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2024/25 Undergraduate Module Catalogue

HIST2315 Mughals, Merchants and Mercenaries: 'Company Raj' in India 1600-1857

20 creditsClass Size: 30

Module manager: Prof. Andrea Major

Taught: Semester 2 (Jan to Jun) View Timetable

Year running 2024/25

This module is not approved as a discovery module

Module summary

In 1600 the East India Company was granted a royal charter to trade with the countries of the eastern hemisphere. In 1858, in the wake of the bloody Indian Uprising of 1857, it handed control of a subcontinent to the British crown. This course explores how a trading company was able to gain direct control of three fifths of the Indian subcontinent and indirect influence over the remainder. It will introduce students to precolonial Indian society and the Mughal Empire, before going on to look at the causes of the fragmentation and regionalisation in existing political authority that allowed the East India Company first to trade with and then to expand its administrative and political control over India.It will explore the nature and functioning of the early colonial state in India, shifting colonial ideologies and the processes by which British traders and administrators sought to understand, represent, control and reshape their new Indian possessions. Students will be encouraged to explore both British and Indian experiences of colonialism in this period and to apply subaltern and postcolonial theoretical perspectives to the study of India's pre-colonial and early colonial history.Content note: this module deals with themes relating to the expansion of and attitudes to empire in India and touches on a range of issues relating to race, gender, and colonial violence that you may find difficult. These include eighteenth and nineteenth-century ideas about race, including racist language and ideas, slavery, gendered and sexual violence, colonial violence, and mortality. This content will be flagged to you as the module progresses, and the tutor can provide more information if required.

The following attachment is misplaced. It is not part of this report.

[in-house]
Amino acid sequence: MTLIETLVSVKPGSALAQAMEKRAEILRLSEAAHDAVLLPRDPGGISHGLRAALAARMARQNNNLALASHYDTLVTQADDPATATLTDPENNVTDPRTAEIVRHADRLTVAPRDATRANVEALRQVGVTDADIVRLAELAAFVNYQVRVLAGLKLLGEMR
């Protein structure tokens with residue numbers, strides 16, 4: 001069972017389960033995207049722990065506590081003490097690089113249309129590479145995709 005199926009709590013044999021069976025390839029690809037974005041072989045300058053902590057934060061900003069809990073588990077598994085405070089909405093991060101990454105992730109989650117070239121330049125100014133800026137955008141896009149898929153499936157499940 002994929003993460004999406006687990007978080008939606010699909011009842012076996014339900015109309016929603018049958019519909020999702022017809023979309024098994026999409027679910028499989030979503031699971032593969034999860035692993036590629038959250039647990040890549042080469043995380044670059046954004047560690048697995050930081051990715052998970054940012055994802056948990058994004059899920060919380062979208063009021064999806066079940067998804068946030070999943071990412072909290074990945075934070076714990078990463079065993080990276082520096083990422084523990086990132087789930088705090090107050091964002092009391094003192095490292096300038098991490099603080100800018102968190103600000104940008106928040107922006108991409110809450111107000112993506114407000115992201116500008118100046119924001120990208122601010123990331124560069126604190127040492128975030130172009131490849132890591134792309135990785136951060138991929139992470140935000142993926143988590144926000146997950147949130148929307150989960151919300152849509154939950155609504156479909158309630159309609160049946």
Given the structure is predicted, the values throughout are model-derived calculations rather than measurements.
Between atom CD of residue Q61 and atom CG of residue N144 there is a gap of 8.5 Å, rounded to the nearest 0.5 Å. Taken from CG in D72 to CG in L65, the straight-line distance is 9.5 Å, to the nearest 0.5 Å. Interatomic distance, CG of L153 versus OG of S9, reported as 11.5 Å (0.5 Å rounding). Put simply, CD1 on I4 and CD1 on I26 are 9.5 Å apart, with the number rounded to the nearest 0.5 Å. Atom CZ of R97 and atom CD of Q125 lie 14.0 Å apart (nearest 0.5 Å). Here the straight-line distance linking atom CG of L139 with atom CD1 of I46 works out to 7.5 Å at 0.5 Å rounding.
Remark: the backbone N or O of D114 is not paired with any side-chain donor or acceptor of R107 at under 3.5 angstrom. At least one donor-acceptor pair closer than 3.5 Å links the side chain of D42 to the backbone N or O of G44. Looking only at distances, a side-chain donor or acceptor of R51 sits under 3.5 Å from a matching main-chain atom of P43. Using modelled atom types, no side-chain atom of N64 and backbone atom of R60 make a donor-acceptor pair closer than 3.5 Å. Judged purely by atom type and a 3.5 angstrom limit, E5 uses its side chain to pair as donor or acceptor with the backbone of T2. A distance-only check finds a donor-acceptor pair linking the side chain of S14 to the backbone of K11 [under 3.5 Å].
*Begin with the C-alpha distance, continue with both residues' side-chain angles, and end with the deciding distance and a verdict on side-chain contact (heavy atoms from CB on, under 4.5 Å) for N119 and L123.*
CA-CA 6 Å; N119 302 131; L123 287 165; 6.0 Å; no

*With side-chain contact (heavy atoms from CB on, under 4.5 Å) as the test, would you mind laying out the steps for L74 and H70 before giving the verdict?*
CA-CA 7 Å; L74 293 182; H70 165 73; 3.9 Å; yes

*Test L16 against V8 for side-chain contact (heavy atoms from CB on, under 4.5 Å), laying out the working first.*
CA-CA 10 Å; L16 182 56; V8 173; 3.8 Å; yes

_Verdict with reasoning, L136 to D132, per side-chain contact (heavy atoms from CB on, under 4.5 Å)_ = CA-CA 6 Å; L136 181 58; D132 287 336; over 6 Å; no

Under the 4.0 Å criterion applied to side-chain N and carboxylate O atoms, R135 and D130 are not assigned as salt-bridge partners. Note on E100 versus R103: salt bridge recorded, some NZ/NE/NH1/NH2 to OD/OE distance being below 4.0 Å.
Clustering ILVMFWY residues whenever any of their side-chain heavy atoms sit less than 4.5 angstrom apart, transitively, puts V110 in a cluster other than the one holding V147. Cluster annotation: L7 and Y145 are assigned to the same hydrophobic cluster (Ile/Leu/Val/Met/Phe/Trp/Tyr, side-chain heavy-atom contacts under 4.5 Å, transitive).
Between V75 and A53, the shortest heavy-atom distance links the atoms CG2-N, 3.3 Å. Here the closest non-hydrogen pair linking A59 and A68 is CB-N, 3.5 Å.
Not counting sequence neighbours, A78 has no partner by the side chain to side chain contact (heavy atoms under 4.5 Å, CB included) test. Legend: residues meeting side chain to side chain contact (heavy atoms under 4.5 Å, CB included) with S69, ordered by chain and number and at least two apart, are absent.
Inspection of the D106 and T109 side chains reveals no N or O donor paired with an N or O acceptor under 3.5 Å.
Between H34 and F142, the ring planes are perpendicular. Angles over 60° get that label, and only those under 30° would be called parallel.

The aim of this module is to enable students to gain
1. A detailed understanding of pre-colonial Indian society, including its people, institutions and politics.
2. Analytical knowledge of principal events, causes and consequences of the decline of Mughal power in India and the rise of British colonial rule.
3. The ability to assess the nature of colonial rule in India and its impact on Indian society.
4. Explanations of changing colonial ideologies, the place of India in the emerging British Empire and the impact of colonialism in Indian and Britain.
5. Analytical knowledge of British attitudes to and representations of Indian society and an appreciation of the theoretical and methodological issues related to using colonial sources.

Learning outcomes
On completion of this module, students will have:
1. Demonstrated a detailed knowledge of the history of Mughal decline and British expansion in India for the period 1600-1857.
2. Shown ability in applying subalternist, postcolonial and other relevant theoretical and methodological perspectives to the study of early colonial Indian history.
3. Analysed and interpreted primary evidence and analysed and critiqued historiography.
4. Presented well-supported historical arguments


The following topics are indicative.
1. The nature of pre-colonial Indian society and the Mughal state.
2. The causes of Mughal decline and East India Company expansion in India.
3. The nature of early Company rule and the problems of understanding, controlling and representing India.
4. The impact of changing imperial ideologies, evangelicalism and the 'civilising mission'
5. The causes and meanings of the Indian Uprising of 1857

Teaching methods

Delivery typeNumberLength hoursStudent hours
Private study hours179.00
Total Contact hours21.00
Total hours (100hr per 10 credits)200.00

Private study

Private study consists primarily in directed reading as set out in the module handbook. Students undertake this reading in order to: 1. To prepare for each seminar (50 hours); 2. To research their blog posts (64.5 hours); 3. To prepare their essays (64.5 hours)

Opportunities for Formative Feedback

Students will be monitored throughout the course on class participation. They will have the opportunity to produce an unassessed blog post if they wish, in order to receive formative feedback on the content and format.

Methods of assessment

Assessment typeNotes% of formal assessment
Essay1x2500 word essay50.00
AssignmentA blog post exercise consisting of 3 x blog posts of 750 words each50.00
Total percentage (Assessment Coursework)100.00

Normally resits will be assessed by the same methodology as the first attempt, unless otherwise stated.

Reading list

The reading list is available from the Library website

Last updated: 29/04/2024 16:15:05


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